Astronomers using data from the James Webb Space Telescope say they have found indications that carbon dioxide exists on at least one of Jupiter’s moons, keeping the potential open for conditions suitable for life.
NASA made the announcement on Thursday and said the compound likely originated from below an ocean on Europa and was not the result of an external source.
Europa is one of the largest of Jupiter’s moons and was previously thought to have a water-ice crust and an iron-nickel core.
"On Earth, life likes chemical diversity – the more diversity, the better. We’re carbon-based life. Understanding the chemistry of Europa’s ocean will help us determine whether it’s hostile to life as we know it, or if it might be a good place for life," Geronimo Villanueva, a member of NASA’s Goddard Space Flight Center, said in a statement.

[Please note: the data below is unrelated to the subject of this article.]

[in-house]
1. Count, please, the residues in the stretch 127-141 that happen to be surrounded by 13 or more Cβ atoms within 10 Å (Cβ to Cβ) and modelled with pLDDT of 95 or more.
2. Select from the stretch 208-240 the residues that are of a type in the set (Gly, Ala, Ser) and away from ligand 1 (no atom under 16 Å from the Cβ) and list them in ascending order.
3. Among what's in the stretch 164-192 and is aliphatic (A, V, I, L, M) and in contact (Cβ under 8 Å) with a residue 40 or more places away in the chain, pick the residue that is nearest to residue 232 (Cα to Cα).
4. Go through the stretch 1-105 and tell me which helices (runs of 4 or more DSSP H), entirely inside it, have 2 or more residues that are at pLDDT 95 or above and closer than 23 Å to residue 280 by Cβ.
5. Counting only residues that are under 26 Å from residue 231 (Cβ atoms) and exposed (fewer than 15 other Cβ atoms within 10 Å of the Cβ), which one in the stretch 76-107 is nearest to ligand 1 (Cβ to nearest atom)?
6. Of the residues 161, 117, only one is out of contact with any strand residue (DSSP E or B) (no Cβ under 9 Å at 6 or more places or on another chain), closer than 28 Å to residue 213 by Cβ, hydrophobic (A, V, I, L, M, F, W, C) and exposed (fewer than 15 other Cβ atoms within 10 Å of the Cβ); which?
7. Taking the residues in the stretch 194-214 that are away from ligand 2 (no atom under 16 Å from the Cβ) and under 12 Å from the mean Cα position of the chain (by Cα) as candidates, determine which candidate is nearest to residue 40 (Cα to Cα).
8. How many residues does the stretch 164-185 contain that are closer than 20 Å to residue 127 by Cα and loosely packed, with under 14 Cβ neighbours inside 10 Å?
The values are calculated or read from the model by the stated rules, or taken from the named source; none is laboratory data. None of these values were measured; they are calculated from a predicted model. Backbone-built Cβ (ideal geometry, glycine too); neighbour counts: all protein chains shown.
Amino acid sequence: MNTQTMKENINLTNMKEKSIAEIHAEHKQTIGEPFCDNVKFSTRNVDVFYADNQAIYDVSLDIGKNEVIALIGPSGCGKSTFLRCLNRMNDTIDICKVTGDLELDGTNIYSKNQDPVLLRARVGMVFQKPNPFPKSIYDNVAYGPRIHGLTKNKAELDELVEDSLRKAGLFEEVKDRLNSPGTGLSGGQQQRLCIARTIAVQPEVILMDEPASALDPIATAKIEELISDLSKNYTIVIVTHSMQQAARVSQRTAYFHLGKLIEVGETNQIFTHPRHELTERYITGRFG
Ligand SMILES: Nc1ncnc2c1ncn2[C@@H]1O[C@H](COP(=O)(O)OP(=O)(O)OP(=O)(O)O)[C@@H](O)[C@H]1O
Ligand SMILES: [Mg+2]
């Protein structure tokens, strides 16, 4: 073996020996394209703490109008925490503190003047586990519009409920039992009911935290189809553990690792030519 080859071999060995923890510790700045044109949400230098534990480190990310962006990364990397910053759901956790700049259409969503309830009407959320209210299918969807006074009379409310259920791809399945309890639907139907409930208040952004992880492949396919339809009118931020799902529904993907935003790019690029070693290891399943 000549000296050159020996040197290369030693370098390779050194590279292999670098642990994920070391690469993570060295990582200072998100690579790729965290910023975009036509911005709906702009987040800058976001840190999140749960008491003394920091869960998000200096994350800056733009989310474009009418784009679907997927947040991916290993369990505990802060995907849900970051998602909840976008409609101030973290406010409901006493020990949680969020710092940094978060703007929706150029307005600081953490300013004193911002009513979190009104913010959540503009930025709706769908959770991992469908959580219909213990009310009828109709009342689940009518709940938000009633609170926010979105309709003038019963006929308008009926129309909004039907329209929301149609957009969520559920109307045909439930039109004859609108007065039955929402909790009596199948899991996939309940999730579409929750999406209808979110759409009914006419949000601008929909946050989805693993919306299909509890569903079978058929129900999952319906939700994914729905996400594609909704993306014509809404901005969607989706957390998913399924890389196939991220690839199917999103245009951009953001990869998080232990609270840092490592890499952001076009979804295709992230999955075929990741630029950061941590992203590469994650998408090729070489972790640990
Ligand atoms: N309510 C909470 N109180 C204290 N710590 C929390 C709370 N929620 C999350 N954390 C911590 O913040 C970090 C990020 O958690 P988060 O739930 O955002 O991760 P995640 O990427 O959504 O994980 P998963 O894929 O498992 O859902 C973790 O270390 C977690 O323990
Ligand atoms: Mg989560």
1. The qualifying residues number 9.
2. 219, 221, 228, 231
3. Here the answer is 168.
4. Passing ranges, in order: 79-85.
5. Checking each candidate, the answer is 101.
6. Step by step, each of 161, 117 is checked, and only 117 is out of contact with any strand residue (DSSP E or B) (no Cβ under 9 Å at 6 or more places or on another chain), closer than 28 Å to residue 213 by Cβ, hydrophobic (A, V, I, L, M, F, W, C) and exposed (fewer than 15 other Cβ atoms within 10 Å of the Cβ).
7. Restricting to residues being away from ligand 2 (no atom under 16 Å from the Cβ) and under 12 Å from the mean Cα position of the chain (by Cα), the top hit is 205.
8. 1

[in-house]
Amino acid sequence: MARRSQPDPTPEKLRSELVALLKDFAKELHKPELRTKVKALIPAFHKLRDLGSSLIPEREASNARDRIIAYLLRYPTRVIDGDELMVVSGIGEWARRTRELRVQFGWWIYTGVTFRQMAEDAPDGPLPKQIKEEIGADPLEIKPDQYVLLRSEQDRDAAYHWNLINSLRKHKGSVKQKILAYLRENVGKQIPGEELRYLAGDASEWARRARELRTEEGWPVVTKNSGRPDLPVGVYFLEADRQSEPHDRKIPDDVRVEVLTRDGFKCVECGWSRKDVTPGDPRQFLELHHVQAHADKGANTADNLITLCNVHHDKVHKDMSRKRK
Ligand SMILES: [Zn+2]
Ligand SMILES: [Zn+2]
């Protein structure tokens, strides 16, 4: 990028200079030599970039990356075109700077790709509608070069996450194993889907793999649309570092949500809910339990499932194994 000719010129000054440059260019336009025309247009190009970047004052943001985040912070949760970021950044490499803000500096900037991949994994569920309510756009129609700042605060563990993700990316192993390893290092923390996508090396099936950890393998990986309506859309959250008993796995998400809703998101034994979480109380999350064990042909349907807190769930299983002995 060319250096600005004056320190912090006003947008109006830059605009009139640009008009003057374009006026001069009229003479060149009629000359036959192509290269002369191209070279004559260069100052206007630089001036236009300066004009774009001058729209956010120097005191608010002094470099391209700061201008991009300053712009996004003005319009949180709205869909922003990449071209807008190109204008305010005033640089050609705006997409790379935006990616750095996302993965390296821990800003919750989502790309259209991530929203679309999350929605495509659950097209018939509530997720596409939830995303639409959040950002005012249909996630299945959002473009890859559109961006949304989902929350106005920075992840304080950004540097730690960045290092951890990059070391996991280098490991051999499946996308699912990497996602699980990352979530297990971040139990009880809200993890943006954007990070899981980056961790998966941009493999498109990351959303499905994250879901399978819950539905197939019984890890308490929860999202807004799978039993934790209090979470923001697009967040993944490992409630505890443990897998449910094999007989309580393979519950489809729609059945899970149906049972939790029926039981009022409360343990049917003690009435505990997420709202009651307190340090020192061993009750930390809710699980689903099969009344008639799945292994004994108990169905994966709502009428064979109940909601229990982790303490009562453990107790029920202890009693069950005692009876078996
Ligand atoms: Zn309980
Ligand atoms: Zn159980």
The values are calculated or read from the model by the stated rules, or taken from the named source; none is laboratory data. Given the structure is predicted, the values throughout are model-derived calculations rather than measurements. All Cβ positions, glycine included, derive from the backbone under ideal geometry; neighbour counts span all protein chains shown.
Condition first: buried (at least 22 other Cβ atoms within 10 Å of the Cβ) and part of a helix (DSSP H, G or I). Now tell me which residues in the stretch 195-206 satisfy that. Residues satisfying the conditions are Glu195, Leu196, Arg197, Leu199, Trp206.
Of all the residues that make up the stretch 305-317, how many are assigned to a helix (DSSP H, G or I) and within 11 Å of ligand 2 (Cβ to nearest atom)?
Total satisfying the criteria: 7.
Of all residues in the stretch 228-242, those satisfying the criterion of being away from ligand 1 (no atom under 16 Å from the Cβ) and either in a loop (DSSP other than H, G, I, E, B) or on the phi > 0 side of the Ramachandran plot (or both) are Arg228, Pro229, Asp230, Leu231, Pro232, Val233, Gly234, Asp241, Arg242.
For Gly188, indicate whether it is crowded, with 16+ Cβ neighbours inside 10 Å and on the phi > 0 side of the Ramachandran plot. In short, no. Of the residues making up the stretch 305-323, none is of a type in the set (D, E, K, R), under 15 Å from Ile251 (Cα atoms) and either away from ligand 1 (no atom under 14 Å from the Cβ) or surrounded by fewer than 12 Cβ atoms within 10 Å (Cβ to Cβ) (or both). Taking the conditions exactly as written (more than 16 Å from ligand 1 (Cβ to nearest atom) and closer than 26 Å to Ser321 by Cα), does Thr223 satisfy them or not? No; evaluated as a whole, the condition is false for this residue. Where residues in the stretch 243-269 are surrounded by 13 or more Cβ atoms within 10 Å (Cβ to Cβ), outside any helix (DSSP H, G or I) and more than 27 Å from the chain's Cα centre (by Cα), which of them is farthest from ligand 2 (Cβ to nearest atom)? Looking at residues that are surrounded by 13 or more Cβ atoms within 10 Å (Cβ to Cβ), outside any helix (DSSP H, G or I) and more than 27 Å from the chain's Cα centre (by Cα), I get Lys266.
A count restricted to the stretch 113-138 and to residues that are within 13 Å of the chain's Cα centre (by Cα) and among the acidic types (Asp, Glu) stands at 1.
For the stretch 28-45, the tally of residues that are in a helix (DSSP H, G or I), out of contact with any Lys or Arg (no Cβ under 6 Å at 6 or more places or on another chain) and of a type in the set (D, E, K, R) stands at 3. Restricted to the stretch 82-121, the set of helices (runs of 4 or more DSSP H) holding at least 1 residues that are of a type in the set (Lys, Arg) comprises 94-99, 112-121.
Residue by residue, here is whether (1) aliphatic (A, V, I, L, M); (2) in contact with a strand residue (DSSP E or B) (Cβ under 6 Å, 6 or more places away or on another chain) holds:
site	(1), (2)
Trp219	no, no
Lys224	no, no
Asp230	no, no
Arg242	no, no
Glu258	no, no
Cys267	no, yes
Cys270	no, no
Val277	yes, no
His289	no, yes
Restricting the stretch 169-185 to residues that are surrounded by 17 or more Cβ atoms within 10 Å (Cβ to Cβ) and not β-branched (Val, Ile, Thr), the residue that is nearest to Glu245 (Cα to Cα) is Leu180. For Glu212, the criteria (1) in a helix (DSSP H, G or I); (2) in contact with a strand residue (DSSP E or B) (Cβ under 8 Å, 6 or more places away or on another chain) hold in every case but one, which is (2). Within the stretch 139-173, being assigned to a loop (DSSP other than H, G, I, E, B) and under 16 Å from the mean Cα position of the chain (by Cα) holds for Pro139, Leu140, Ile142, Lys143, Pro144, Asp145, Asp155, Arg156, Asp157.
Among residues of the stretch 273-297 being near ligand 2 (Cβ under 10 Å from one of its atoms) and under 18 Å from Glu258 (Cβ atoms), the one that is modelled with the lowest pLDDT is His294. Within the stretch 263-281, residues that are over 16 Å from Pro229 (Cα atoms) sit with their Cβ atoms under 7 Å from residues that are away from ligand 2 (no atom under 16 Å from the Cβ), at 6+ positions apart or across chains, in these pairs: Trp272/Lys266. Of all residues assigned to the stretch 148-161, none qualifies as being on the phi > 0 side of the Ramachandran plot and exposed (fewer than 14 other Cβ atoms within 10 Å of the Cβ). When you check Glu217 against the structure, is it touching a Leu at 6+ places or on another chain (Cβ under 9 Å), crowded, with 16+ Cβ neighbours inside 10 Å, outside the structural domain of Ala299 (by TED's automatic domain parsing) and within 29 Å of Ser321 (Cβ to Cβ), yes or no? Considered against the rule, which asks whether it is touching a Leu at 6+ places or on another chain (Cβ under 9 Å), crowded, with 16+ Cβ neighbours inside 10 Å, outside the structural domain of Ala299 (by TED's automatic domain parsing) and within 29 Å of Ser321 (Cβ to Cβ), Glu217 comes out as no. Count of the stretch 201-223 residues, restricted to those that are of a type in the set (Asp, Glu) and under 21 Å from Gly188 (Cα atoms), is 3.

The discovery keeps the prospects open that other space bodies might have the atmosphere or the ingredients in place to support life.
Scientists say the new observation only took a few minutes, meaning that the Webb telescope will likely lead to more discoveries during its more than decade of expected operation.
"Scientists are debating how much Europa’s ocean connects to its surface. I think that question has been a big driver of Europa exploration," Villanueva stated. "This suggests that we may be able to learn some basic things about the ocean’s composition even before we drill through the ice to get the full picture."
NASA plans to launch a spacecraft in 2024 to conduct flybys of Jupiter’s moons, and the European Space Agency already has a craft en route to make more detailed observations of the giant gas planet.
The ESA said its explorer will pay close attention to Ganymede, Callisto and Europa, which are some of the more than 90 moons that orbit Jupiter.
The research team said they have also looked for evidence of water vapor erupting from Europa’s surface, but data has been inconclusive.